Cost-Effective Condition Assessment of Steam-Cooled Boiler Tubes
Tools for Preventing Boiler Tube Failure: Part 1
17 January 2017
This blog is the first in a series discussing boiler tube condition assessments. While these basics might be familiar to many, this first installment will serve as a refresher to the experienced and an introduction to novices. Have you faced one of these scenarios regarding your steam-cooled ferritic (superheater and reheater) tubing?
- Your boiler has had a long operating life, and you need to know the tubing condition.
- Tubing has failed, and you know or suspect that the tubing failed due to creep.
- If tube failures have occurred with increased frequency, and you would like to predict the future failure rate.
- Tubing has operated at higher than design temperatures, and you would like to know the effect of these high temperatures.
- A visual inspection and wall thickness survey shows severe erosion and wall thinning, but tubes have failed and you want to know how long before a tube ruptures.
Boiler tube failures are the number one cause of forced outages in fossil fuel power plants. Long term creep is a failure mechanism which affects steam-cooled tubes. These usually occur at temperatures > ~900°F in conjunction with operational sustained stresses, and causes deformation and eventually failure. Long term creep is typically characterized by a longitudinal split with minimal swelling.
The creep remaining useful life (RUL) prediction is based on temperature and stress over the operating life. The operating stresses are due primarily to steam pressure. Over time, the tube inner metal surface interacts with the steam to form a scale layer. As the scale thickness grows and the tube wall is reduced, the scale acts as a thermal barrier insulating the tube. To maintain outlet steam temperature, the tube heat input must increase which also increases the tube temperature. Wall thinning will also occur over time due to erosion, corrosion or other wastage mechanisms. This increases the operating stresses as well. The interaction of scale growth and wall thinning results in a RUL reduction.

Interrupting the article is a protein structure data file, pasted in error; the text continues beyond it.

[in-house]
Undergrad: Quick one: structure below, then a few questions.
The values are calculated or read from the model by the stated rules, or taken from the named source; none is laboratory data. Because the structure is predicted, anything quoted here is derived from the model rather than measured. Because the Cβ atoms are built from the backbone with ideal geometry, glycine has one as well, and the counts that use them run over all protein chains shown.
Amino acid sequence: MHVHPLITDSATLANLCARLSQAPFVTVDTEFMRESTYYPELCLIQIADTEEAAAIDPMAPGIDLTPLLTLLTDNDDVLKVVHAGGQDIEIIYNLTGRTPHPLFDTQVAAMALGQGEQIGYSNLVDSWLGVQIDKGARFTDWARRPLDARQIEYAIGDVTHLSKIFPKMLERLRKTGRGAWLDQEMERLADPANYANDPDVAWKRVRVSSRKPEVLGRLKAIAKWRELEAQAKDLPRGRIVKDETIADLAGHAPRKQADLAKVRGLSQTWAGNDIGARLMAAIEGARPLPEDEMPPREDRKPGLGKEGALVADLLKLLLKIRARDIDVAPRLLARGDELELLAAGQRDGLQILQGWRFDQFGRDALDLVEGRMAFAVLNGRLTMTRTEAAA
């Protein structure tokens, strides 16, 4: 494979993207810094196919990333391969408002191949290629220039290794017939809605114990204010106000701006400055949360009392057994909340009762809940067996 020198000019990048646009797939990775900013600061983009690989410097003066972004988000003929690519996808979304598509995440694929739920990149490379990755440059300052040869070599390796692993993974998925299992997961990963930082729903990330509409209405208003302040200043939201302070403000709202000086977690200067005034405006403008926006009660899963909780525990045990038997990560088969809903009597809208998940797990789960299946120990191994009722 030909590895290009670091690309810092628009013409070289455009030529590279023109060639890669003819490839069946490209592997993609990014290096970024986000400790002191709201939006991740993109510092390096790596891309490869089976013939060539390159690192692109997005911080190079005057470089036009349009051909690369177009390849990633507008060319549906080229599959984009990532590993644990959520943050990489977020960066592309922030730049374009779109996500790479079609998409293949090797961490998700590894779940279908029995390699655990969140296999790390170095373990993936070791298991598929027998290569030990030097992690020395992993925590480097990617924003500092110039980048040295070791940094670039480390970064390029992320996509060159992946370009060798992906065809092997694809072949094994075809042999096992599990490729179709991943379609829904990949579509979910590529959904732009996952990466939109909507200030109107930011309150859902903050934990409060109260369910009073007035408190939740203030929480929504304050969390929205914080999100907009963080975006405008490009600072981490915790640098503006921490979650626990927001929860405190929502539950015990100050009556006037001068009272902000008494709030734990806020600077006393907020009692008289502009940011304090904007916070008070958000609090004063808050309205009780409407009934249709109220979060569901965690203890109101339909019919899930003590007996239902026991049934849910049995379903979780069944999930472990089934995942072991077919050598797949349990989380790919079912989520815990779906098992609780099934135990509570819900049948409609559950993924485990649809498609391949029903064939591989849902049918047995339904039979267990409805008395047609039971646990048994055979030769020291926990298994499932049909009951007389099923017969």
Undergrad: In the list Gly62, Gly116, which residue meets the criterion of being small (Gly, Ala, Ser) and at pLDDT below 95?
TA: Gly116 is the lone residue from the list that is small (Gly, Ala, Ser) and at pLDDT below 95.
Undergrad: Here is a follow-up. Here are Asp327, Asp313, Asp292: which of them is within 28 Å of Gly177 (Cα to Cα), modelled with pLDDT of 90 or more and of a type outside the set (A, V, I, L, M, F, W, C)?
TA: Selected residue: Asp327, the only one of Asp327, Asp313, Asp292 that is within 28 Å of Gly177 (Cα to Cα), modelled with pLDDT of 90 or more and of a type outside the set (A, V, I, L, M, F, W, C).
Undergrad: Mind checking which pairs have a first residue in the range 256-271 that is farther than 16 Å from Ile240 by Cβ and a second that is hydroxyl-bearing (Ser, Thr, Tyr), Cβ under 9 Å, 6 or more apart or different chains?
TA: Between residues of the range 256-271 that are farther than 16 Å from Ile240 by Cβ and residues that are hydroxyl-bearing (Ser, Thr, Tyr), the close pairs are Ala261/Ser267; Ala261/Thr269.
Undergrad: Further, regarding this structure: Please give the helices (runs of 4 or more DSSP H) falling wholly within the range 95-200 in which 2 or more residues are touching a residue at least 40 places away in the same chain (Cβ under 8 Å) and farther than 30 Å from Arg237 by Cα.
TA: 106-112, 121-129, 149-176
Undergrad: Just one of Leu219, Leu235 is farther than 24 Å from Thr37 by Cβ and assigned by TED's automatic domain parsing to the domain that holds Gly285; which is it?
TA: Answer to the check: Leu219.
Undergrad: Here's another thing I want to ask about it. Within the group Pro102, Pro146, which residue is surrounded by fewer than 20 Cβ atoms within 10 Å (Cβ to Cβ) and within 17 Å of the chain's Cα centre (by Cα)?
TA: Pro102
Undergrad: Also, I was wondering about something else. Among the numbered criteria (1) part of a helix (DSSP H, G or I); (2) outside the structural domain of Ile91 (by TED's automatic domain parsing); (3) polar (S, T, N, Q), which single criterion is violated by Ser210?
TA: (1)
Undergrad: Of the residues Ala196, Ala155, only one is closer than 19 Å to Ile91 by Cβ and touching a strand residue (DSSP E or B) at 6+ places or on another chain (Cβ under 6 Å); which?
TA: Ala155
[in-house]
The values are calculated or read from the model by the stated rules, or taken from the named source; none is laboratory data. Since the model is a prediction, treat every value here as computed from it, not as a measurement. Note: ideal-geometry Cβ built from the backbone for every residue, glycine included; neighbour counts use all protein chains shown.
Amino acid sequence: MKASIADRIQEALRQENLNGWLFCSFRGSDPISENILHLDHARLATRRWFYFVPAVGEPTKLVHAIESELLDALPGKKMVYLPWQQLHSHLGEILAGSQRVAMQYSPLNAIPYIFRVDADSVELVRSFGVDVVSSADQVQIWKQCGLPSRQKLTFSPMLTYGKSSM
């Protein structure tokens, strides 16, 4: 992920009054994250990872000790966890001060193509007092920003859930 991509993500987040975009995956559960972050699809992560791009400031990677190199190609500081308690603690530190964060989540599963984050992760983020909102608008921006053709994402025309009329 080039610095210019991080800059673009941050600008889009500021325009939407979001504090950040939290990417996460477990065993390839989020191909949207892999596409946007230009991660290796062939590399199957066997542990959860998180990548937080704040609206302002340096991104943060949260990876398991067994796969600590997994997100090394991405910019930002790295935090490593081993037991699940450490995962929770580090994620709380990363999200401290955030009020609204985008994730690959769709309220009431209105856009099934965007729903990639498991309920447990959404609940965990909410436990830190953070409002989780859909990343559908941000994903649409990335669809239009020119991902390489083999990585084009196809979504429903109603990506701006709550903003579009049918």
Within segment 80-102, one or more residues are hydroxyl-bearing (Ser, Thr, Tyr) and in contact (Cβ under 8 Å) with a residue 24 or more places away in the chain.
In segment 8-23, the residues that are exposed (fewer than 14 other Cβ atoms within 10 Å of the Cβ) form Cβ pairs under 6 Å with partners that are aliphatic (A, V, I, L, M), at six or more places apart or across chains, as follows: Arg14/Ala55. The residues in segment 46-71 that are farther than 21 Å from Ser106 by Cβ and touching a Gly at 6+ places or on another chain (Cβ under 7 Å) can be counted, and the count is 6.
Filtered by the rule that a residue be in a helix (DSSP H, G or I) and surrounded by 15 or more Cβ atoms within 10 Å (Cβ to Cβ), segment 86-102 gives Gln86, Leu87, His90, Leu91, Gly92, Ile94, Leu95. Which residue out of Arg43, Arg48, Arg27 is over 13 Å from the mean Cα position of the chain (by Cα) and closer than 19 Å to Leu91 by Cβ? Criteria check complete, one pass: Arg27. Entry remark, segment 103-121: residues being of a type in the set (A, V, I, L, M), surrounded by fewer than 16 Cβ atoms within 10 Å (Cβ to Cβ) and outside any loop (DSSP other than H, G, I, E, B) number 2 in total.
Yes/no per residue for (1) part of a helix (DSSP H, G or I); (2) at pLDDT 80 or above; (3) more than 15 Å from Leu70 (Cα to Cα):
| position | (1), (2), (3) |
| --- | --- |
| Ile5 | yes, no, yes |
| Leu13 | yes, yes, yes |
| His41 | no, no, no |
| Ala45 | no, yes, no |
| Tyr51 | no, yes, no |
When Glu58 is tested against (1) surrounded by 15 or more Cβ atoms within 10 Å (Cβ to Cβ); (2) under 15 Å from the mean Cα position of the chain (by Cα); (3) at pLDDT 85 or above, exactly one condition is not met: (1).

As the scale grows thicker, the tube life is shortened, but how do you determine the RUL? Tube samples are an impractical method of providing an inexpensive and easy survey of an entire tube bank. The answer is Intertek's TubeAlert system. The system is a combined hardware and software package which allows for rapid non-destructive examination (NDE) to determine the effective metal temperatures, operating stresses, wall thinning rates and RUL. The hardware measures wall thickness and scale thickness down to 0.002", with minimal surface preparation (i.e., no tube surface polishing). The software is a proprietary methodology which utilizes the NDE measurements and determines the temperatures, stresses and RUL.
A typical TubeAlert examination will be performed at select elevations in the boiler furnace and penthouse. Surveys are performed across and through tube banks. The TubeAlert report provides tabular and graphical result presentations. Intertek can provide additional recommendations including:
- Tube samples to confirm NDE results
- Additional survey locations
- Monitor of existing/install penthouse thermocouples on tubes which have experienced high temperatures
- Provision of reexamination intervals, based on operating hours
TubeAlert is a cost-effective and efficient method of determining the condition assessment of your tubing.
For additional information on TubeAlert, contact the author or Kevin Hara at firstname.lastname@example.org (408) 636-5333.
Clayton Q. Lee, Director, Thermal Engineering, Intertek Asset Integrity Management (AIM). The author has over thirty years of experience consulting to the power industry in the areas of heat transfer, fluid mechanics, stress analysis and fracture mechanics. He has authored several sponsored applied research reports used by the power industry.